Trader Monthly Rankings Spark Cat Fight

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Despite their funds’ failure to do jack last year*, Art Samberg and Louis Bacon, of Pequot Capital Management and Moore Capital, both took home hefty ransoms at around $250 million and $400 million, respectively. Some people think this is an outrage, and not just the Lilliputian kind, like Tom Hudson’s leaky deck.
Roddy Boyd notes that two of Moore’s biggest funds (a global bond fund and a global multi-strategy fund) returned a paltry 5% and 11.4% through mid-December, versus the 7.52% and 12.99% returned by comparable indexes from Hedgefund.net.
Some eyebrow raisers may be reacting out of petty jealousy—which is really the only way to do it—as Samberg and Bacon both made Trader Monthly’s “TM 100 list” this year, a ranking of Wall Street’s highest earners (guess we know how they pulled off that one, wink, wink). They don’t actually care that S and B are THIEVING (caps imply that we do, btw), but that they inched out two more worthy individuals from a place on that coveted list. When you’re that rich, it’s not the money that matters, it’s the street cred.
FT Alphaville argues that these rankings mean nothing, “stupid” (those Brits get cheeky when it comes to this shit!). But FT and Co. were probably not aware of the fact that a place on this list is a coveted, coveted position, and not to be taken lightly, not because it actually means anything or is indication that your maid's salary is triple mine, but because, apparently, Trader Monthly is in the business of giving out fantastic swag like the engraved item pictured above. That alone makes a little bitching and elbowing worth it.
OVER THE HEDGE [NYP]
Hedge fund rankings: it’s all about risk, stupid [FT Alphaville]
*Before you leave a rant in the comments, note that we use this phrase liberally. We know that they actually made a few bill. last year.

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RBS Trader Whose Instant Messages Clearly Show Him (Allegedly) Engaging In Libor Manipulation Not Going Down Without A Fight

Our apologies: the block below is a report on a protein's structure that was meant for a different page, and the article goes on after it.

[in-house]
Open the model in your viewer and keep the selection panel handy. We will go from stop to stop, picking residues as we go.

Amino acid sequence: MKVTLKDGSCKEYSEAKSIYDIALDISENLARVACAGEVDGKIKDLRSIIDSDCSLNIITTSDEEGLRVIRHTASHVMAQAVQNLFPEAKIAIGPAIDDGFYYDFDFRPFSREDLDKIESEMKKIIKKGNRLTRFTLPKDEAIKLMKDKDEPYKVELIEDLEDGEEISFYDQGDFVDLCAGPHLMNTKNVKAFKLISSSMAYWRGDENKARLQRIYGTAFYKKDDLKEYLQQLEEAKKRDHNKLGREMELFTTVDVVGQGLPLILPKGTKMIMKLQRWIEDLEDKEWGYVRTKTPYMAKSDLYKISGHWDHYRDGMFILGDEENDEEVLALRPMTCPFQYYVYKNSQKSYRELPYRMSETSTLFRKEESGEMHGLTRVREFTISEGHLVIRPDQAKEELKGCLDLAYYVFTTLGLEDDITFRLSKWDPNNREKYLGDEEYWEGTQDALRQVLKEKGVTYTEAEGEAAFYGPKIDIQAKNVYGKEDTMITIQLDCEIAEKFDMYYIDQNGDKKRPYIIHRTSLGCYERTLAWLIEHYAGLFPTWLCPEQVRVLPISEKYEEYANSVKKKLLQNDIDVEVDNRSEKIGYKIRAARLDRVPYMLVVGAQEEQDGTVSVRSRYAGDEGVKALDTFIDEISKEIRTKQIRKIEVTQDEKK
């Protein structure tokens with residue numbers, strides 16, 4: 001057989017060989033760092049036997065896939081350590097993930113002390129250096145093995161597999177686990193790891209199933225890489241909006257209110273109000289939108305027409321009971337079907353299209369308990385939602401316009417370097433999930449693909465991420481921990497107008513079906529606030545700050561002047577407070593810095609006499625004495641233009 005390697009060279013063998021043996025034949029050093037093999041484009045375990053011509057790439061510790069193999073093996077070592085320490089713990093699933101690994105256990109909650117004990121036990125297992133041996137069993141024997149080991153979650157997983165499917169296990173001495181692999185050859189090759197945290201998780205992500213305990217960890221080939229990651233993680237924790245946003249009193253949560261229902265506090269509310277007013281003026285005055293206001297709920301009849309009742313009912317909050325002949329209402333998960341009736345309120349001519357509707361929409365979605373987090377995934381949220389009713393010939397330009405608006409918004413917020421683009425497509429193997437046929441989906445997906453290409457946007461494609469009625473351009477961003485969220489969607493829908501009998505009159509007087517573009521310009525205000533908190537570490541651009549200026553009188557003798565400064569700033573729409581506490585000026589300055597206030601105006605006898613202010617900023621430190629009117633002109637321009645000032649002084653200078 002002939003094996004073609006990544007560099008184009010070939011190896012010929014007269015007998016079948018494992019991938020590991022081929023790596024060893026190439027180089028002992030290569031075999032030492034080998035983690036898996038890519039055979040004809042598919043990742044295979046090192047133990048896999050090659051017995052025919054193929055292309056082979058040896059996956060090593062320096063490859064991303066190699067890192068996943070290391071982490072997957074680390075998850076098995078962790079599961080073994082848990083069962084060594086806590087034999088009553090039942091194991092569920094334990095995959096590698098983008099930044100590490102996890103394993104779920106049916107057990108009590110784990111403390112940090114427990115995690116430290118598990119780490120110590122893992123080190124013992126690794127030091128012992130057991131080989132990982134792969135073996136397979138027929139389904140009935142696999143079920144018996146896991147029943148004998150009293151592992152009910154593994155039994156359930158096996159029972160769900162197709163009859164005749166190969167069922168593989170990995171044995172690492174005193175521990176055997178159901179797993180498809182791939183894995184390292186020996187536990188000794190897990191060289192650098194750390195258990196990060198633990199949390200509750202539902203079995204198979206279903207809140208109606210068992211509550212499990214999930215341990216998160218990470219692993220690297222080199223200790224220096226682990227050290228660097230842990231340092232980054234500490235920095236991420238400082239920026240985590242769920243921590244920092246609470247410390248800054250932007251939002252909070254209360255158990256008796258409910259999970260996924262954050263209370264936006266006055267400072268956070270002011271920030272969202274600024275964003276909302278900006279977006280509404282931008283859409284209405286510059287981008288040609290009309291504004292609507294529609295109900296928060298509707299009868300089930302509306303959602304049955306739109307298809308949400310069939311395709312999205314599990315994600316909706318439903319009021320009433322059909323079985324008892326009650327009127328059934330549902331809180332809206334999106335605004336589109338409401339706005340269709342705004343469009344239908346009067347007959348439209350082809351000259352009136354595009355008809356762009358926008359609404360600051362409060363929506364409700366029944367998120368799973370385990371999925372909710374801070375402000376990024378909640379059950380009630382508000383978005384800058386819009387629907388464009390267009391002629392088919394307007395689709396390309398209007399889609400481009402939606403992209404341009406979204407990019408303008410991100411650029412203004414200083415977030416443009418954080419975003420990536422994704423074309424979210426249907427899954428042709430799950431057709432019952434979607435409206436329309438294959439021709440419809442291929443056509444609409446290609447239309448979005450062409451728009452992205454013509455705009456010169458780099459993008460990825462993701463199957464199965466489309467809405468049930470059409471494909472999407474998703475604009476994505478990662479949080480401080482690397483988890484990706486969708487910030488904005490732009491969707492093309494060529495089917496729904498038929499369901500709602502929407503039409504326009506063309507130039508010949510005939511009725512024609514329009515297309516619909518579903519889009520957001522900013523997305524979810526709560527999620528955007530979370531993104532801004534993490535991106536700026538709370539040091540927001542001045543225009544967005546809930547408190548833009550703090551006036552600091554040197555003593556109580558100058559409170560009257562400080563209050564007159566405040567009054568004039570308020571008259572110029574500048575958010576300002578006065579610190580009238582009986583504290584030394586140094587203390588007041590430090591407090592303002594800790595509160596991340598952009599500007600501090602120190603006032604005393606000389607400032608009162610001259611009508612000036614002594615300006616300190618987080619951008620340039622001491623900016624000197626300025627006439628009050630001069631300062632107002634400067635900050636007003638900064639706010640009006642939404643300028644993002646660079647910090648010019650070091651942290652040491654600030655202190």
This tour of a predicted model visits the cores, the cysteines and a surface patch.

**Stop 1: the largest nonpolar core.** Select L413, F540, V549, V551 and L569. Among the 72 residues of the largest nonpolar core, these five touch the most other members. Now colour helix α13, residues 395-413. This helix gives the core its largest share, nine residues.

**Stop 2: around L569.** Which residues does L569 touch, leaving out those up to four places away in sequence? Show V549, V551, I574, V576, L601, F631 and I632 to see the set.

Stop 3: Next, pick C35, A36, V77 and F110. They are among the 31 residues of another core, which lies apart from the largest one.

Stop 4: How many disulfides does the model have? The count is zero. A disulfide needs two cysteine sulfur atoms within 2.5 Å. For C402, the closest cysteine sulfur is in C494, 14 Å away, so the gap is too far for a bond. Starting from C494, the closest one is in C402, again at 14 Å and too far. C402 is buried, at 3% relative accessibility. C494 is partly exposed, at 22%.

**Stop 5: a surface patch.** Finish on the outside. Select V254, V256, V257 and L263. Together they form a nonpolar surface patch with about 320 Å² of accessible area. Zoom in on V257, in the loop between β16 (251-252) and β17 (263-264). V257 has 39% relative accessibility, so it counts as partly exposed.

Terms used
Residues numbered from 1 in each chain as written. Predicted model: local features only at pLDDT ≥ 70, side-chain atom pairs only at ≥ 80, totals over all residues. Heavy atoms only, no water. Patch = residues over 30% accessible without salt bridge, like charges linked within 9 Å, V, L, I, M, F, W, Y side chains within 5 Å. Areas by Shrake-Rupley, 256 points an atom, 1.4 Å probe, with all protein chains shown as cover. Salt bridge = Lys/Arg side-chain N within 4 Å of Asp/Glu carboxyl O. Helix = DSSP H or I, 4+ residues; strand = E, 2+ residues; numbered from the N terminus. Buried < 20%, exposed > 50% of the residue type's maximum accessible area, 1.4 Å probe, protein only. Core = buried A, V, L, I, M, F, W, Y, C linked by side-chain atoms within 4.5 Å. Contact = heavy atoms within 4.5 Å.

One thing that most people probably agree on is that having their instant messages, e-mails, and phone calls end up court would be cause for at least a little embarrassment. Everyone's thrown in an emoticon they aren't proud of, some of us have used company time to chat with significant others about undergarments, and the vast majority of workers have spent a not insignificant amount of the workday talking shit about their superiors. Of course, the humiliation gets ratcheted up a notch in the case of people who 'haha' (and in extreme circumstances "hahahah') their own jokes* which, just for example, involve habitual Libor manipulation. Tan Chi Min knows what we're talking about: “Nice Libor,” Tan said in an April 2, 2008, instant message with traders including Neil Danziger, who also was fired by RBS, and David Pieri. “Our six-month fixing moved the entire fixing, hahahah.” And while having such an exchange become public would be tremendously awkward for most, you know what's really 'hahaha' about this whole thing is that 1) Tan was the one who wanted people to read the above, which was submitted as part of a 231-page affidavit earlier this month and 2) He's trying to use it as evidence that he didn't deserve to be fired. The conversations among traders at RBS and firms including Deutsche Bank AG illustrate how the risk of abuse was embedded in the process for setting Libor, the benchmark for more than $300 trillion of securities worldwide......Tan, the bank’s former Singapore-based head of delta trading for Asia, [is] suing Britain’s third-biggest lender by assets for wrongful dismissal after being fired last year for allegedly trying to manipulate the London interbank offered rate, or Libor. Tan, who 'allegedly' tried to manipulate the London interbank offered rate, also included this conversations as part of his defense: “What’s the call on Libor,” Jezri Mohideen, then the bank’s head of yen products in Singapore, asked Danziger in an Aug. 21, 2007, chat. “Where would you like it, Libor that is,” Danziger asked, according to a transcript included in Tan’s filings. “Mixed feelings, but mostly I’d like it all lower so the world starts to make a little sense,” another trader responded. “The whole HF world will be kissing you instead of calling me if Libor move lower,” Tan said, referring to hedge funds. “OK, I will move the curve down 1 basis point, maybe more if I can,” Danziger replied. And this: In another conversation on March 27, 2008, Tan called for RBS to raise its Libor submission, saying an earlier lower figure the bank submitted may have cost his team 200,000 pounds. “We need to bump it way up high, highest among all if possible,” Tan said. Tan also asked for a high submission in an Aug. 20, 2007, instant message to Scott Nygaard, global head of RBS’s treasury markets in London. “We want high fix in 3s,” Tan said in the message. “Neil is the one setting the yen Libor in London now and for this week and next.” Also this: “It’s just amazing how Libor fixing can make you that much money or lose if opposite,” Tan said on an Aug. 19, 2007, conversation with traders at other banks, including Deutsche Bank’s Mark Wong. “It’s a cartel now in London.” And this philosophical one, for good measure: “This whole process would make banks pull out of Libor fixing,” Tan said in a May 16, 2011, chat with money markets trader Andrew Smoler. “Question is what is illegal? If making money if bank fix it to suits its own books are illegal... then no point fixing it right? Cuz there will be days when we will def make money fixing it.” The defense rests. RBS Instant Messages Show Libor Rates Skewed for Traders [Bloomberg] *Although actually people who do this probably don't even have the good sense to be ashamed of themselves.